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The Telegraph
Since 1st March, 1999
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The best thing about Go Goa Gone is that it doesn’t take itself seriously. The worst thing about Go Goa Gone is that it doesn’t take itself seriously. It’s an amusing zombie-killing roller-coaster ride which could have been little more of a thriller. Thriller... that Michael Jackson video which made the dead-men-walking step an international rage.

Director duo Raj and DK, who made the brilliant Shor In the City, take such a light-handed approach to what is touted as Bollywood’s first zombie movie (Ramsay bhailogs, don’t take this personally) that there is never really a deep scare as such. Sure you want the people alive to not die at the hands of the evil dead but you cared for Bill Murray so much more in those 10 minutes of Zombieland.

The film takes off with the banal banter of three Mumbai roommates who are into sex, drugs and pizzas. Not necessarily in that order. And not necessarily involving all three. And while they will head to Goa in a car, the spirit here is less Dil Chahta Hai and more Delhi Belly. And not just because Vir Das is one of the three guys. He is Luv who’s just been dumped in love and Kunal Khemu is Hardik who takes his name seriously and the two would join Bunny (Anand Tiwari) on his Goa work trip.

A girl named Luna (Puja Gupta) would scoot into their lives there and they would all trip Slowly slowly to the psychedelia on a nearby island where red capsules would turn the rave party into a bloodfest next morning. Cue for blood-spraying head-drilling heart-chomping moments of zombied mayhem. To be repeated every reel till the end credits.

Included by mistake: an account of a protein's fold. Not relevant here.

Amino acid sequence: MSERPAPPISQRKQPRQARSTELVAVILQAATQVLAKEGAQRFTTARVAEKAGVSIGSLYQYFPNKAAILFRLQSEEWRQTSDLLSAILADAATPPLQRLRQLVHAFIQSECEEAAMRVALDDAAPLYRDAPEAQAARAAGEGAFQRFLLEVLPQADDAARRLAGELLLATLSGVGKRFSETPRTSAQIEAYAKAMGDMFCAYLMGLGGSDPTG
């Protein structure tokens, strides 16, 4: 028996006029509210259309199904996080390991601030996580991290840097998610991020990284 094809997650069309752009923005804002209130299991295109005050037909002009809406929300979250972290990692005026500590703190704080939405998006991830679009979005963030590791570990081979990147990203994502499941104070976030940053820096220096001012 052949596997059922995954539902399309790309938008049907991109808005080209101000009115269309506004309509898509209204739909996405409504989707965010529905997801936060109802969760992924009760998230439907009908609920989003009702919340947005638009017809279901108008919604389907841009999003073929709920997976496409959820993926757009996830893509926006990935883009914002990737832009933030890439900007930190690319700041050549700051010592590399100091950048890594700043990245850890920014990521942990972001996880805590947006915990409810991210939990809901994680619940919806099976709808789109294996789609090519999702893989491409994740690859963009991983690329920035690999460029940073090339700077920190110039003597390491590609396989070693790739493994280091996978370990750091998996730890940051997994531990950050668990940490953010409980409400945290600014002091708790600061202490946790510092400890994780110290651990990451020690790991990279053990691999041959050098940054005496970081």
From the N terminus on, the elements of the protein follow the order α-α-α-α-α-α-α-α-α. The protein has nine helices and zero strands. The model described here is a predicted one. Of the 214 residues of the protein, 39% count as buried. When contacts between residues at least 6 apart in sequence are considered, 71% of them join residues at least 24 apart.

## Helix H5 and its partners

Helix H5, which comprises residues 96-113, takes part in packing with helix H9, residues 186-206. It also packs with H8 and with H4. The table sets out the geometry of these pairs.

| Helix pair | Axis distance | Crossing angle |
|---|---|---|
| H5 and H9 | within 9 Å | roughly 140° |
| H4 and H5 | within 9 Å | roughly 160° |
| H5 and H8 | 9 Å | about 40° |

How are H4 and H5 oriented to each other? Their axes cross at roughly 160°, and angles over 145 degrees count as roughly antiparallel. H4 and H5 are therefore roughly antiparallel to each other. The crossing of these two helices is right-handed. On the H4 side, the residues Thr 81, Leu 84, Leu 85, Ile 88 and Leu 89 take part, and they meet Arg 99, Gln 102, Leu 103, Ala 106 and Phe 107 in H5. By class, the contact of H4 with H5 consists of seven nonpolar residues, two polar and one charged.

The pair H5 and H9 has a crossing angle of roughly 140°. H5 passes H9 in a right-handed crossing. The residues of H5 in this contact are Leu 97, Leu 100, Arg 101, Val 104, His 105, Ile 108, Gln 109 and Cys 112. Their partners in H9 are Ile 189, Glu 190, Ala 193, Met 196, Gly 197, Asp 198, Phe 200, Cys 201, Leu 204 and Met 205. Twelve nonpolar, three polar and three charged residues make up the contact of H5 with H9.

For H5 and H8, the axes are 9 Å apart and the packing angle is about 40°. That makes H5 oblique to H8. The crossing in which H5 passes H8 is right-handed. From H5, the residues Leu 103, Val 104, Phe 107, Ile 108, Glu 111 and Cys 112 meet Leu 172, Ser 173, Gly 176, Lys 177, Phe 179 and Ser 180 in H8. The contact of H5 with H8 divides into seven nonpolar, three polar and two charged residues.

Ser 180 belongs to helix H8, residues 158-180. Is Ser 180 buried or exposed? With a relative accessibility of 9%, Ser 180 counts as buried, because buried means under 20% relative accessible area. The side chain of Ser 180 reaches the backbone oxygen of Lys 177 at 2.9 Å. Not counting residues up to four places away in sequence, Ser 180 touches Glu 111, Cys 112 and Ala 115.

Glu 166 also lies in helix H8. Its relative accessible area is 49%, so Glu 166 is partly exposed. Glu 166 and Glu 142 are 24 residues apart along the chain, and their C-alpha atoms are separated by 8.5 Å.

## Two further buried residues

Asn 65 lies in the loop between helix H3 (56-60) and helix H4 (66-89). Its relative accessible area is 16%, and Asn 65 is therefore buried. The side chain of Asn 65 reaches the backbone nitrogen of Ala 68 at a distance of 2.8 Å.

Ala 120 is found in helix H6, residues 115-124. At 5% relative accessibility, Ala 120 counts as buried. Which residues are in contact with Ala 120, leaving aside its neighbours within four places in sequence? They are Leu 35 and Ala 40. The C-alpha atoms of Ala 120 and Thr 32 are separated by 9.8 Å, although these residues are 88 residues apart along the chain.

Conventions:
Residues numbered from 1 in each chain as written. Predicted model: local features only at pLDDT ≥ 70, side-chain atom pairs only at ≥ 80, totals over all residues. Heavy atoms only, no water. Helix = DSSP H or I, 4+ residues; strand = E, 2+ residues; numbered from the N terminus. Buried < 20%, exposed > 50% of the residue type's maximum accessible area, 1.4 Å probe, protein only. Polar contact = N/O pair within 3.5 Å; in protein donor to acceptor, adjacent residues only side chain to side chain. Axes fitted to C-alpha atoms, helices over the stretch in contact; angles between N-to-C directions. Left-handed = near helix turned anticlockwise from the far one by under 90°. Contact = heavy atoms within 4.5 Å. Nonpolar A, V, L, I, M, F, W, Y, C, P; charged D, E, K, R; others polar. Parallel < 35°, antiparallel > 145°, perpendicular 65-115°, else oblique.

The directors, also the writers of Go Goa Gone along with Sita Menon, are extra expository about the rules of the zombie game. They use the “What do we know? What have we learnt?” device — shown early in the film on a Steve Jobs poster — to constantly bring the audience up to speed. And that makes the otherwise short film feel that much longer. But there’s a lot of style and panache in the way the film’s shot and treated, often giving you the feel of a first-person shooter game.

Of the three guys and the girl, Kunal’s the pick of the lot. His Hardik is funny, witty and sharp and has the right kind of edge for a zom com like Go Goa Gone. Vir Das has more screen time but some of his jokes and lines are too stand-up in feel for a big-screen impact. Anand is earnest, while Puja is too flat for comfort. Her dialogue delivery that is.

The piece de resistance of the film is, of course, Saif Ali Khan with his blonde hair, leather wear and Delhiwaala Russian burr. His zombie-killing no-nonsense Boris (say: Bariss) is howlarious and gives the laid-back film its much-needed momentum every time he appears, all guns blazing.

Go Goa Gone’s first images are sourced from the Telugu film Donga where Chiranjeevi had done the MJ, in the exact same red leather jacket, playing the zombie and going Goli maar maar maar. And one of the film’s last scenes which too should be a runaway hit on YouTube has Kunal Khemu dancing around trees with a zombie! There’s something about lands of the living dead that make us laugh and be scared at the same time. This one scores in one and that’s not that bad a start for our zom zom. Now get more dead people to kill, will ya? Nom nom!